This week New York City Mayor Michael Bloomberg announced his intentions to enact a plastic foam ban within the Five Boroughs. The announcement was made at the mayor's final "State of the City" address for his term and quickly polarized the city in much the same way his ban on large soft drinks has.

 Mayor Bloomberg explained that roughly 20,000 tons of the city's waste comes from plastic foam containers distributed at food trucks, fast food restaurants, coffee shops and sit-down eateries that offer takeout services. Plastic foam is not biodegradable and lingers in landfills decade after decade.

 Bans on plastic foam are not unheard of. Los Angeles, Portland, Seattle and San Francisco have all placed partial or complete bans on plastic foam containers. During his time as mayor, New York City's own Ed Koch pushed hard for a reduction in plastic foam waste and was credited with prompting McDonald's to make the switch from Styrofoam containers to paper.

 Still, many New York City food businesses are not pleased about the proposed ban. Many fear that making the switch to other materials can lead to increased costs or poor results. For example, a representative of Dunkin Donuts spoke out to the Associated Press stating that the company has been unable to find cups that properly insulate their coffee without the need for paper sleeves, which the corporation feels create unnecessary waste.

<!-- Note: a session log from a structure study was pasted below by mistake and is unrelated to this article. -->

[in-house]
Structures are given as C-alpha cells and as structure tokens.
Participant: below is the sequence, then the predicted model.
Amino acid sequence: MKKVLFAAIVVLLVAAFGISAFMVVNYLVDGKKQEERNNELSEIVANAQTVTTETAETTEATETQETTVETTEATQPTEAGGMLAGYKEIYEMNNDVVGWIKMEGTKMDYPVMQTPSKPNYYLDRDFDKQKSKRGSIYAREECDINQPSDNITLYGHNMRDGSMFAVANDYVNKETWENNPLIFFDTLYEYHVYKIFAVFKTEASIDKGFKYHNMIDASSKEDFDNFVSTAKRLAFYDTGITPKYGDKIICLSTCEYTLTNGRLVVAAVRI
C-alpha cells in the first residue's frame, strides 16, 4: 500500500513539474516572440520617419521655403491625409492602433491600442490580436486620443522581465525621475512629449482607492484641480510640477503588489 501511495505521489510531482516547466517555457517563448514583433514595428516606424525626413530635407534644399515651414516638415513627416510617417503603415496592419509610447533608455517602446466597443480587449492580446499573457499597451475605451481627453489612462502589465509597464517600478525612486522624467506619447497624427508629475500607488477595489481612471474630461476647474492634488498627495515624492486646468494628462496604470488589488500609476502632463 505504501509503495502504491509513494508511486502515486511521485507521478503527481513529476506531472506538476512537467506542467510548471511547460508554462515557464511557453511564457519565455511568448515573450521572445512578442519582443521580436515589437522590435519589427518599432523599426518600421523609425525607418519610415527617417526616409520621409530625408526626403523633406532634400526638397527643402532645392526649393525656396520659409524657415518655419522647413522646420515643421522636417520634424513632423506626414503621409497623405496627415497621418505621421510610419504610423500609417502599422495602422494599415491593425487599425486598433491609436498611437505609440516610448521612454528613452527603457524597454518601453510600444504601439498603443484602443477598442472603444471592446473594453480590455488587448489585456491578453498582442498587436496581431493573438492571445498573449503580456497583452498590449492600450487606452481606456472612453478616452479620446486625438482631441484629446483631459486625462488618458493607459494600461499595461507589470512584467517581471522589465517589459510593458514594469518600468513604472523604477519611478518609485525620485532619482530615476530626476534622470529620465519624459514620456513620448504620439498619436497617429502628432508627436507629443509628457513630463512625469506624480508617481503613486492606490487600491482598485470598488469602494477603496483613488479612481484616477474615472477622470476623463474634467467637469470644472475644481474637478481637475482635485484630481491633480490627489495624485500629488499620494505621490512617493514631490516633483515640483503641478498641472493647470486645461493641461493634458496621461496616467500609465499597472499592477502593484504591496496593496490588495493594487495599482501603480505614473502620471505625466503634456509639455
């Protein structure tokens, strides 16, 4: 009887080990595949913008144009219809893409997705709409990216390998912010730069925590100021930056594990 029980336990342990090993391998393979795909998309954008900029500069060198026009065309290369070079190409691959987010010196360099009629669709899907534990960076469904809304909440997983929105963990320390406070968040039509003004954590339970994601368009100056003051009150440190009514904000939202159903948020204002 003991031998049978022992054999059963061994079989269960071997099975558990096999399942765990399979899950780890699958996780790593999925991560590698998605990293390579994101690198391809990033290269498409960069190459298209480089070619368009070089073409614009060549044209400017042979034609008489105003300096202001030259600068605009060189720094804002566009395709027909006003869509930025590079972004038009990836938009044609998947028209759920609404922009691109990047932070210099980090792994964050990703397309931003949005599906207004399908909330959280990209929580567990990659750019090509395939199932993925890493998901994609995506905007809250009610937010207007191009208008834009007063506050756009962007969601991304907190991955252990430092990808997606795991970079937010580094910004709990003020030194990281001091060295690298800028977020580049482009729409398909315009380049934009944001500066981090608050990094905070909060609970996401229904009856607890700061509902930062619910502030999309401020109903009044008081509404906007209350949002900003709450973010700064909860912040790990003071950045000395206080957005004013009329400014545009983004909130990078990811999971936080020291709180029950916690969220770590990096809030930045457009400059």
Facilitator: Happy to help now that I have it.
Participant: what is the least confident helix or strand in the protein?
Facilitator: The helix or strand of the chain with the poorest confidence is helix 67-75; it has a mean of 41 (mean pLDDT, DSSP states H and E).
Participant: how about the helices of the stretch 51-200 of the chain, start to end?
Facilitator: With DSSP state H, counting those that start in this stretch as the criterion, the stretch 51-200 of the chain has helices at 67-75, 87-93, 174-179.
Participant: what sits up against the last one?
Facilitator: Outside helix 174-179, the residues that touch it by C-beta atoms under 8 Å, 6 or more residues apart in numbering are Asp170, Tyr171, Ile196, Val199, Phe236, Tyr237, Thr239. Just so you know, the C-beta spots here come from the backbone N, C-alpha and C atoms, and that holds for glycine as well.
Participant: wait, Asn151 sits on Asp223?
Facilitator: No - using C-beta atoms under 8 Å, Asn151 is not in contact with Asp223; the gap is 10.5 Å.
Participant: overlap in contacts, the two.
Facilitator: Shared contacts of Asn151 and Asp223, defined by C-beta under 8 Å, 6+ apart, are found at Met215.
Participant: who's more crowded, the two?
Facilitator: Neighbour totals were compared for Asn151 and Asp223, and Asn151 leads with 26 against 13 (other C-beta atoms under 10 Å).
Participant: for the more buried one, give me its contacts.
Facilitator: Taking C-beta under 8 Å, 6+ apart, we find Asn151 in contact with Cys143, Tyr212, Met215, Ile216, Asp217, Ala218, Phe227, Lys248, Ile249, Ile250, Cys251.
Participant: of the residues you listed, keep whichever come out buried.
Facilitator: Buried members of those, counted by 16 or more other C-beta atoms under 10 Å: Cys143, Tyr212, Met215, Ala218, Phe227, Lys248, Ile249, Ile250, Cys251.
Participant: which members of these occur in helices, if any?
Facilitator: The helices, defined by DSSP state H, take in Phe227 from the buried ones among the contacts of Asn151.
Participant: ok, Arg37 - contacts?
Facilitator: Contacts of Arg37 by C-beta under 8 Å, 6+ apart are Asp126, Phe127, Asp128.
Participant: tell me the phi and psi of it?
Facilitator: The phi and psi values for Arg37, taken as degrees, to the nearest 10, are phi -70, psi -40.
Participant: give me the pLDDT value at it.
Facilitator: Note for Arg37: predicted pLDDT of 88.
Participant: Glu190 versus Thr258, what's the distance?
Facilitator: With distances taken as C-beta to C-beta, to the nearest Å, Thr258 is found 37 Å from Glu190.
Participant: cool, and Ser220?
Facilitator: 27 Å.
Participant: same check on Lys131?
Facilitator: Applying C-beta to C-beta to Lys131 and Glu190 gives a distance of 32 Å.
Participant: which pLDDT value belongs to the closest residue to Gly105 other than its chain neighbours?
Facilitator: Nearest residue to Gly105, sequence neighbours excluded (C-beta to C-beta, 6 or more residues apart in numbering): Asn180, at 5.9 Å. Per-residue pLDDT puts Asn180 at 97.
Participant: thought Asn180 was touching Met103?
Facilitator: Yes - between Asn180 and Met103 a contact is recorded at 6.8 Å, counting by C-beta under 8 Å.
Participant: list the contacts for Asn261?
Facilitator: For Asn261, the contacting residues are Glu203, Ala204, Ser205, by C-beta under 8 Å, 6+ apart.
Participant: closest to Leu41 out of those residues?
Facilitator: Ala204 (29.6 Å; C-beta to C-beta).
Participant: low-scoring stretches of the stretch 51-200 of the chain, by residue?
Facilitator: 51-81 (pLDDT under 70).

For restauranteurs in New York City, there are some relatively low cost alternatives available to traditional plastic foam. Companies like Eco Products produce full lines of takeout containers out of materials like sugarcane and PLA, a type of plastic made from corn and other vegetable fibers. These containers are compostable and biodegradable and designed to perform as well as plastic foam.

 What are your opinions of Bloomberg's proposed plastic foam ban? Let us know in the "Comments" section.

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